This is a little bit all over the place, and it’s raw. But that’s the point of this whole thing. I could do with a little more raw right now.
I’m tired of perfection.
My morning scroll though Instagram just wears me down more every day, with image after image post-processed into plasticity, over-sharpness, and the obliteration of shadows. I’m not even talking about the so-called lifestyle accounts which no longer even pretend to inspire us to wonder, just to baser emotions like envy, or jealousy. I’m talking about the apparent global competition to out-saturate, out-sharpen, and out-technique the rest of us.
In search of this perfection we’re losing the poetic. The grit. The nuance. I see less and less story. Less humanity. I’m all in on beauty, but that’s not even what I’m seeing. It’s all just so damn saccharine. My god, all the shiny, happy – perfect – people. It must be exhausting trying to be all that all the time.
I worry that the desire for perfection is killing the spontaneity and the life in our photographs, never mind the honesty in them.
I worry that we’re becoming so obsessed with the public sharing of our work, and the fear that someone might spot a flaw, that we’re going to work ourselves into such a neurotic lather over sharing our work that making the work (deeper, stronger work) becomes secondary.
It’s already happening. So few people seem willing to just sit on their work and let it mature before flinging it into the world. I feel the pressure the moment I’ve created something to share it. “See,” I feel I need to testify, “I’m still doing good work. I did something today. Don’t forget I’m out here!” And in so doing I share the work before it’s printed, before I have a chance to let it speak to me, suggest an edit, or find a better home for it than the too-temporary gallery walls of social media. Hell, not even temporary, more like ephemeral. A vapour that disappears at the end of a trail of Likes.
How did it happen that Likes have become the highest response to art?
In fact, how did it happen that we have come to refer to what we make – our photographs, our writing, whatever it is – as “content”? As though there’s a bucket out there and our highest calling is to keep the damn thing filled with…anything. Just keep it filled. Content is king, after all.
F*ck the king.
No one longs for “content.” We want connection. We want hope. We want wonder. We want to look at something and feel something deeper than whatever it is that moves my finger to click the Like button.
I don’t want to “like” your art. I want to be moved by it. I want it to make me think. To make me uncomfortable. I want it to raise questions. Or stir me to wonder. And I want my own art to do the same. It’s a lofty goal. Some might say a pretentious goal. Whatever. The heart wants what the heart wants and I want more.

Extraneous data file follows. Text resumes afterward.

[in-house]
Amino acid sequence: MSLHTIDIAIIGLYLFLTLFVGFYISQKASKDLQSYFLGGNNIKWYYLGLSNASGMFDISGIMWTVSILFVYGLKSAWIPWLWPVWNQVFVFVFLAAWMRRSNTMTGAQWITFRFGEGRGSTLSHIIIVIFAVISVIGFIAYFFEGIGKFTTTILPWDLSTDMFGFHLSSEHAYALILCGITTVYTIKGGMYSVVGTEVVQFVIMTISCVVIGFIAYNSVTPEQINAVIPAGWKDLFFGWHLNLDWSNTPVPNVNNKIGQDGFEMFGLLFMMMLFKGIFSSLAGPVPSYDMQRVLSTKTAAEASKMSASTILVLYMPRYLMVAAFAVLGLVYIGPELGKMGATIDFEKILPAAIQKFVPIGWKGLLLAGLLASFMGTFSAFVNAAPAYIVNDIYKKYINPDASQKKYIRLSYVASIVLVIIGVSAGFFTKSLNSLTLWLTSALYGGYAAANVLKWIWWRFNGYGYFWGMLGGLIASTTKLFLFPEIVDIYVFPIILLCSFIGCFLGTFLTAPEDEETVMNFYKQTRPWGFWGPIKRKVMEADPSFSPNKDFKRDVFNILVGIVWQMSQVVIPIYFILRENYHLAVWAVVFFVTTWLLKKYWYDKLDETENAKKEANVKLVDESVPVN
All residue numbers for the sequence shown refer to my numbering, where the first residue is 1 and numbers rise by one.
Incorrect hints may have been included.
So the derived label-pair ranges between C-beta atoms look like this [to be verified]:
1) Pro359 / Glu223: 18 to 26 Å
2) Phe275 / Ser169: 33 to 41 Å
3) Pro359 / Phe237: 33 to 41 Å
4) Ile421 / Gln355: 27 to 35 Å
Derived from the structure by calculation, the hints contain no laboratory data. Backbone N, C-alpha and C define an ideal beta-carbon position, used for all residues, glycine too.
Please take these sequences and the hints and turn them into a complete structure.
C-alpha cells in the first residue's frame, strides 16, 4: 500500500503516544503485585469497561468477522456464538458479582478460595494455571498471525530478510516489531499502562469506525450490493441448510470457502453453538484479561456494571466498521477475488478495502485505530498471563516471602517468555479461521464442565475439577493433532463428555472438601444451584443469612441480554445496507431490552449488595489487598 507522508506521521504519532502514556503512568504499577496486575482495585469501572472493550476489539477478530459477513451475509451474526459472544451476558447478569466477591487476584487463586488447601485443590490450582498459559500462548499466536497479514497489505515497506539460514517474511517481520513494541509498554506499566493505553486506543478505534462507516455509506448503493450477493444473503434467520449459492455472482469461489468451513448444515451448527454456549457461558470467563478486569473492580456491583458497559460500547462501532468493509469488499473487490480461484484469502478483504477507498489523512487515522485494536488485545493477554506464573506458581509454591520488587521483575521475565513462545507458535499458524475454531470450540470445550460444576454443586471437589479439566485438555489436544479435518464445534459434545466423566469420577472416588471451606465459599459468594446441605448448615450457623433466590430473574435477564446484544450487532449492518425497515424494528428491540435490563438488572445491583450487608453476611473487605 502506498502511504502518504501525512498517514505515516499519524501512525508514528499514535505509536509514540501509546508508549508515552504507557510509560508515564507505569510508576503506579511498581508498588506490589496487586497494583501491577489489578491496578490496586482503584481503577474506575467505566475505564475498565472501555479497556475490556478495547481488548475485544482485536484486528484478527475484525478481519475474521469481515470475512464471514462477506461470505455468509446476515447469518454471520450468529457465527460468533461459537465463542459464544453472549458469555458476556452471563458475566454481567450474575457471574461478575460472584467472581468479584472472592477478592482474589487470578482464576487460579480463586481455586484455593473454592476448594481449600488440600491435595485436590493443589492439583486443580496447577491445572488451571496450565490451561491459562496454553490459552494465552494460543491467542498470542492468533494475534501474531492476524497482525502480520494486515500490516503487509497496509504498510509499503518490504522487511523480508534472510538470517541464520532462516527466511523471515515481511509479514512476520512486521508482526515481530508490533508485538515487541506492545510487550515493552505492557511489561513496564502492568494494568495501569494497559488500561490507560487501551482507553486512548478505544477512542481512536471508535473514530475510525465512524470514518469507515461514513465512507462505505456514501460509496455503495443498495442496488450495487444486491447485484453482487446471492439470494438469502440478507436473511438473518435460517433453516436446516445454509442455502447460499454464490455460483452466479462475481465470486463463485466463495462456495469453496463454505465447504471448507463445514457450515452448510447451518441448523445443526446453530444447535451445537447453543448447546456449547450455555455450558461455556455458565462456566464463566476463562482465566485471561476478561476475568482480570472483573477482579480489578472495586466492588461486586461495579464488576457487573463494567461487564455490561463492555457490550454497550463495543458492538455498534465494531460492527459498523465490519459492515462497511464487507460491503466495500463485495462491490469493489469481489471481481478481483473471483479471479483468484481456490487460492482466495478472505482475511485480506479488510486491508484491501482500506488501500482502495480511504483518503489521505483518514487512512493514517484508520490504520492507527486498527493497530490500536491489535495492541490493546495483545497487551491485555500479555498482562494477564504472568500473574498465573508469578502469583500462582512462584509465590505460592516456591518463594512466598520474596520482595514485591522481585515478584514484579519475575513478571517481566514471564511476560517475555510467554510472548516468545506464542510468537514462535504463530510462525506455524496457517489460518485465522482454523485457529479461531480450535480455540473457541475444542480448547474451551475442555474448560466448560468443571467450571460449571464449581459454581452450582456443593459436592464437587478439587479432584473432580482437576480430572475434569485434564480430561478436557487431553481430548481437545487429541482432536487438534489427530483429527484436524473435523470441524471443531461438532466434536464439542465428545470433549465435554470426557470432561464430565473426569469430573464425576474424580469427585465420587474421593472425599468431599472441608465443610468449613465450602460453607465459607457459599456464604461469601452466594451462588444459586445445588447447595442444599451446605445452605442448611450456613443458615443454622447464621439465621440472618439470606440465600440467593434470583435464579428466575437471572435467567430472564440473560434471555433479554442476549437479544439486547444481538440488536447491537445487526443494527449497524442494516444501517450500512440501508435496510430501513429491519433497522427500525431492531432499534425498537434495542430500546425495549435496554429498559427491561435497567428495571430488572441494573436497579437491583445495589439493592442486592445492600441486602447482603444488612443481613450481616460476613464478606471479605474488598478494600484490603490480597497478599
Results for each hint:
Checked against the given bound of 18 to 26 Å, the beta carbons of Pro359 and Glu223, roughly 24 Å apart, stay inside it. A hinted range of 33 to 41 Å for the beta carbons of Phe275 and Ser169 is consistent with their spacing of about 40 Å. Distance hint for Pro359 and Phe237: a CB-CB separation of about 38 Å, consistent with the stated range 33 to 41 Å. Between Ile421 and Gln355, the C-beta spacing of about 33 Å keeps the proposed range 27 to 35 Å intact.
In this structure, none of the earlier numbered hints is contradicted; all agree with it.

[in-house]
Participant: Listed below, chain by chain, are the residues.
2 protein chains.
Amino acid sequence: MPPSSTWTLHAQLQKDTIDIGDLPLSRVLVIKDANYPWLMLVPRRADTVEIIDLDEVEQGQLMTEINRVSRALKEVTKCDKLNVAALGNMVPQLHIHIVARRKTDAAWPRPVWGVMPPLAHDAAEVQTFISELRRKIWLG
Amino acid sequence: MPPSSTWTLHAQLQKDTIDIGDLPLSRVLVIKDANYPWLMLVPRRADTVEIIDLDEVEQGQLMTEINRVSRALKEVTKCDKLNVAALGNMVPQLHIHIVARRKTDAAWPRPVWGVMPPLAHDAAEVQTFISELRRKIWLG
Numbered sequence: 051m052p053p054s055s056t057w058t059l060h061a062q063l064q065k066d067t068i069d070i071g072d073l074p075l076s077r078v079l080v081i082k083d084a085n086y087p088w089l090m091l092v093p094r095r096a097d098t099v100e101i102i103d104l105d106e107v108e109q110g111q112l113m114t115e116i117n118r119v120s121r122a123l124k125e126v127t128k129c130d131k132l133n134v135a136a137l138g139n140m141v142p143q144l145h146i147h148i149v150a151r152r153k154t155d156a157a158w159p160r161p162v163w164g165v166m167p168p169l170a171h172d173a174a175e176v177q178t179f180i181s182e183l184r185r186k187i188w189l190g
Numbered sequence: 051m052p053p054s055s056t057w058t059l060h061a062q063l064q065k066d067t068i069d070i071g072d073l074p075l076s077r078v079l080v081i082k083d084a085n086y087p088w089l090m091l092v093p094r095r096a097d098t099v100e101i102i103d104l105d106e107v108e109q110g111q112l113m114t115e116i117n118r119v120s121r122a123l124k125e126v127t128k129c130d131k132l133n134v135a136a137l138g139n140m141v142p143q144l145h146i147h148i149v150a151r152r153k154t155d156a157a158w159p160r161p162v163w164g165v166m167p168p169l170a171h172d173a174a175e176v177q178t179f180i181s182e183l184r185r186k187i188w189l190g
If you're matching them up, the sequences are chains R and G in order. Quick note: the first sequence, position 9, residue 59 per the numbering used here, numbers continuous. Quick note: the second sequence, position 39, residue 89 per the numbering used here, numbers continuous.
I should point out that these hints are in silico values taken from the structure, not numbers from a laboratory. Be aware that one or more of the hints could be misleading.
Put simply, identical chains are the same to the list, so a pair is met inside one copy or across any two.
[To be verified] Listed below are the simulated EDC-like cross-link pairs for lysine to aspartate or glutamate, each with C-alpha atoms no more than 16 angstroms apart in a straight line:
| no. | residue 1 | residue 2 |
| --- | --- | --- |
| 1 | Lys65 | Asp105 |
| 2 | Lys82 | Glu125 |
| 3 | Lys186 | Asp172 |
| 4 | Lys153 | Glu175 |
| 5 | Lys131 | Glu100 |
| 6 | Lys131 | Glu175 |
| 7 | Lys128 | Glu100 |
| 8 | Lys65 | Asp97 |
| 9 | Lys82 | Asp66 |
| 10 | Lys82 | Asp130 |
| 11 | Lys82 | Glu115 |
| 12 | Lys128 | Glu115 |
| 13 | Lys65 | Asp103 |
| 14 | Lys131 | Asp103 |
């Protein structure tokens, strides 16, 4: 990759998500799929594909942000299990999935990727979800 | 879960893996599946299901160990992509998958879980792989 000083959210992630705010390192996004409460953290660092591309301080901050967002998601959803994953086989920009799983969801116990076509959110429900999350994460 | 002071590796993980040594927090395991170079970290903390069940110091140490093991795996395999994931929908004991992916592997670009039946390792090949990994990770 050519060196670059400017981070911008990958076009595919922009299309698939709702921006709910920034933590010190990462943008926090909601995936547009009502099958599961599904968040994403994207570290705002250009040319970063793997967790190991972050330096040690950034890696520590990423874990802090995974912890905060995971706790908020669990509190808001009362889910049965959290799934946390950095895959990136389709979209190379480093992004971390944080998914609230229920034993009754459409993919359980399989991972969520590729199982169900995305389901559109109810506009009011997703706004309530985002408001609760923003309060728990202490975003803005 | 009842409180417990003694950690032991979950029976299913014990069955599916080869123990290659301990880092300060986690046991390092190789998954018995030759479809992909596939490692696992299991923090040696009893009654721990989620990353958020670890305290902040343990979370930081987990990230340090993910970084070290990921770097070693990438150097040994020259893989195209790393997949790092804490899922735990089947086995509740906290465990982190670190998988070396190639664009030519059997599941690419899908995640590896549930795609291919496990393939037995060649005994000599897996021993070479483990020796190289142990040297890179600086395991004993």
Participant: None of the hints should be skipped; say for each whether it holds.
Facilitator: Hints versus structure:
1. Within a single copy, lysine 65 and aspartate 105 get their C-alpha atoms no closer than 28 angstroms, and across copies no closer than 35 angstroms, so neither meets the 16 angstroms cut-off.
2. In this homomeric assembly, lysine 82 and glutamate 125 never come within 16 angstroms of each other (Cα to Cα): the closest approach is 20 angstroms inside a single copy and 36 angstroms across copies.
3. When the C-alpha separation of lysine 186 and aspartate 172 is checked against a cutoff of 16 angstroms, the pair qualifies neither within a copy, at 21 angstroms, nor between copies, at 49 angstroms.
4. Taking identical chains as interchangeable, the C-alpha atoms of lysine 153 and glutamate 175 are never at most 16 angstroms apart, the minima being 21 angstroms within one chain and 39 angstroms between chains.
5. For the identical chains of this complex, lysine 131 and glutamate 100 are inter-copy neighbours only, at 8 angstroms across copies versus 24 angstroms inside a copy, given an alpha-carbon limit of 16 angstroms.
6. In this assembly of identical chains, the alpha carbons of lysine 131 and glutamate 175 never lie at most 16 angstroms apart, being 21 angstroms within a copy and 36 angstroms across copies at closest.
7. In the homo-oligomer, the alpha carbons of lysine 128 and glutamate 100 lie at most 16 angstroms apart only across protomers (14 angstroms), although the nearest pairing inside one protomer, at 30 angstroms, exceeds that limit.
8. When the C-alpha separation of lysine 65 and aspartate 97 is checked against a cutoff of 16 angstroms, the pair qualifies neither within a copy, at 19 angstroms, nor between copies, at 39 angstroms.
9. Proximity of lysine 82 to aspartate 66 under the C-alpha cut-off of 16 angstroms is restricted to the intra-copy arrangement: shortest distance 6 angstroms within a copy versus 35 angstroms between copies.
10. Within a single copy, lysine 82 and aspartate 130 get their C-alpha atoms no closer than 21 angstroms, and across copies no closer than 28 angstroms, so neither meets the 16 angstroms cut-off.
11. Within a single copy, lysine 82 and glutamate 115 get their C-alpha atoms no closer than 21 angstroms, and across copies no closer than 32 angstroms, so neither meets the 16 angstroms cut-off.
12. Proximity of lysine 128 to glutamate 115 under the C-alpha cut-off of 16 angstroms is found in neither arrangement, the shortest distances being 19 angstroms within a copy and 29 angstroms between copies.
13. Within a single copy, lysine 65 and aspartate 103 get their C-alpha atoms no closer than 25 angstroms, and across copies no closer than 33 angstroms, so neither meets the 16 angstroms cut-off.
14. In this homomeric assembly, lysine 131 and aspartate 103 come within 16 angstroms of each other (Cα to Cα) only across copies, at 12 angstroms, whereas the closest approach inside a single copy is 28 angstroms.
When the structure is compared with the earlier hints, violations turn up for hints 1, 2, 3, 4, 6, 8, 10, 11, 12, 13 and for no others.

I started down the road of this craft because I encountered photographs as a teenager that grabbed me, that made me tear them from magazines and put them on my wall. I revered those images. I lived with them and thought about them for months. I knew the names of the men and women that made these incredible images and I wondered what it would take to be like them. It never occurred to me to ask what lens they used because I suspected deep down that whatever it took to makes those images was so much more a part of the artists themselves than the particular gear. It had something to do with determination, grit, a stubborn, patient, refusal to do anything but whatever it took to make the photograph. I wonder if they got to their best work because they were busy doing it, not posting their initial successes on Instagram instead of digging deeper. Instead of taking the long slow road to mastering a craft.
I read something somewhere recently, or maybe I heard it in a video or, God help me, a tweet. It was suggested that we are not teaching people to revere our work. That one line grabbed something in my heart and mind and hasn’t let go. Of course we aren’t. We’re putting it so quickly into the world and it’s forgotten almost as fast. We’re treating it as though it’s disposable. Shoot. Share. Move on. And in that context no wonder the movement is toward the perfect. The shiny. The eye-candy. There is so little room on those particular walls for depth. Vulnerability. Imperfection. Connected bodies of work. Narrative. Symbolism.
This isn’t a rant against social media. It’s a plea that we transcend social media and do something more with our work. That we encourage people to revere it by revering it, and honouring it, ourselves. It’s a plea to print our work, and live with it, and be slow to sign it. It’s a plea to put it in books or in places we can thoughtfully react to it, not merely consume it. It’s a plea that – for the love of Ernst Haas and all the saints, we think of our work as more than just “content.”
Most of all, as so much of what I write is, this is just a reminder to myself that in the flood of all these perfect images and lifestyle accounts, I am not required to be perfect. Flawless. I’m reminding myself and anyone that’ll listen to me that the flaws, and the cracks – thank you, Leonard Cohen – are where the light gets in. You are not required to be perfect, just present. It’s important we curate our work, but it’s probably best that we feel no need to curate ourselves, to be anything more than we are.